Backstory: The two previous Log24 posts
Raiders of the Lost Aleph (May 14) and
The Crying of Bucharest (May 15).

The following sequence of images was suggested by
Peter Woit's May 16 post "One Ring to Rule Them All."

Also from Devil's Night 2008:

From the May 16 Nobel Symposium talk discussed in
Woit's "One Ring to Rule Them All":

Related material:

All Souls' Day at the Still Point (Nov. 2, 2003) and

Frodo and the Oxford Murders (Oct. 13, 2011).

Sunday, November 18, 2012


Filed under: General — m759 @ 5:24 AM


Rachel Dodes in The Wall Street Journal
on All Souls' Day, 2012

"In one of the first lines uttered by Daniel Day-Lewis, playing Abraham Lincoln in the new Steven Spielberg film opening Nov. 9, he says, 'I could be bounded in a nutshell, and count myself a king of infinite space— were it not that I have bad dreams.'

The line was ripped straight from 'Hamlet,' by Lincoln's favorite writer, William Shakespeare. Tony Kushner, the Pulitzer Prize-winning playwright ('Angels in America') who wrote the script for the film, says that Shakespeare, much like Lincoln, 'had extraordinary mastery over the darkest parts of the human spirit.'"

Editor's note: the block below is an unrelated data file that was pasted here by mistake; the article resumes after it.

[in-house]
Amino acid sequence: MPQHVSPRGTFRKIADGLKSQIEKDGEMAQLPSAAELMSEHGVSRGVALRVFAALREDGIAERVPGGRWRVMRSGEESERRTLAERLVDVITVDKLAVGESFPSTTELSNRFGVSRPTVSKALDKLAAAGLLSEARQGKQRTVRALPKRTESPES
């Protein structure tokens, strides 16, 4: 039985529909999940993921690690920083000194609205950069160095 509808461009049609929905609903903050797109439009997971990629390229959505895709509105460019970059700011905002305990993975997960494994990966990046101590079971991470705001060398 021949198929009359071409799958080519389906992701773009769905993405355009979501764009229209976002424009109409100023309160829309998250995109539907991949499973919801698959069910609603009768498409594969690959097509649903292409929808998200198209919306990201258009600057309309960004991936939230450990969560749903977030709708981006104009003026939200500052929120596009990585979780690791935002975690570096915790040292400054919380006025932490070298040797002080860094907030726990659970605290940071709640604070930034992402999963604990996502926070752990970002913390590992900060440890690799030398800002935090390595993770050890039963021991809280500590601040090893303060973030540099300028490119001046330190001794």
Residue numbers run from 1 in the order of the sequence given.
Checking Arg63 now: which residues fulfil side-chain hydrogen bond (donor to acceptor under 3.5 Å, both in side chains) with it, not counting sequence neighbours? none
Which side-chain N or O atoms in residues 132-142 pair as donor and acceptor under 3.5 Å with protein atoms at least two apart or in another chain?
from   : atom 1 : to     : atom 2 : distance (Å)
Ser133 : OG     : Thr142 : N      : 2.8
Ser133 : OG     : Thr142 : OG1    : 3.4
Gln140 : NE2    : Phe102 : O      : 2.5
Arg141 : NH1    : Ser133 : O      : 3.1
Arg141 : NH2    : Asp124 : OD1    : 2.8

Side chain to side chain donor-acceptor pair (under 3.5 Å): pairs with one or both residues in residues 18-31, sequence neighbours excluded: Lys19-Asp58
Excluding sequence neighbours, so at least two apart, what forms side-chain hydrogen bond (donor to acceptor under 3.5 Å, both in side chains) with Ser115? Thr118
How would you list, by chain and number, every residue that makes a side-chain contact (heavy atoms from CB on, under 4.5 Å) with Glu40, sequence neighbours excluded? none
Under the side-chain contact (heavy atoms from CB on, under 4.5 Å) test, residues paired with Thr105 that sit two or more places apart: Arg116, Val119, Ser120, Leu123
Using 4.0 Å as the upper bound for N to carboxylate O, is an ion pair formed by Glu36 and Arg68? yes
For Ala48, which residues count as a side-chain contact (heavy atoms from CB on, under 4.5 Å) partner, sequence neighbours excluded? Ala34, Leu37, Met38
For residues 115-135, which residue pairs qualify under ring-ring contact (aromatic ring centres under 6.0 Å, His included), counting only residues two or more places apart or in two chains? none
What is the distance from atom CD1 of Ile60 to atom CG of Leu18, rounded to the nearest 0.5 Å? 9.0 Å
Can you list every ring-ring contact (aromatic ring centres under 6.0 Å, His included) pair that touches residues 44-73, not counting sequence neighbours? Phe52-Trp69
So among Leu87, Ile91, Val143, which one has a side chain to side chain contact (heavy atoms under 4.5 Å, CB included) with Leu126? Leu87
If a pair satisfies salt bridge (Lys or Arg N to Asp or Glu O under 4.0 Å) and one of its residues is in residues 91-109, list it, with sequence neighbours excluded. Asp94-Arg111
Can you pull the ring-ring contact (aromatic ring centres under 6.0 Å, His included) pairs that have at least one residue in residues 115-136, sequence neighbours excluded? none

The above quotation omits Shakespeare's words prefacing the nutshell part— "O God."

These same words in a different tongue—  "Hey Ram"— have often been quoted as the last words of Gandhi. (See yesterday's noon post.)

"… for the Highest Essence (brahman ),
which is the core of the world, is identical
with the Highest Self (ātman ), the kernel
of man's existence."

— Heinrich Zimmer, Myths and Symbols
in Indian Art and Civilization
, Pantheon
Books, 1946, page 142 

Related material: A post linked to here on Friday night
that itself links to a different Shakespeare speech.

Thursday, November 15, 2012

A Passage to India

Filed under: General,Geometry — m759 @ 12:00 PM


On a mathematician who died on All Souls' Day 2012—

"… he enthusiastically shared with us the many stories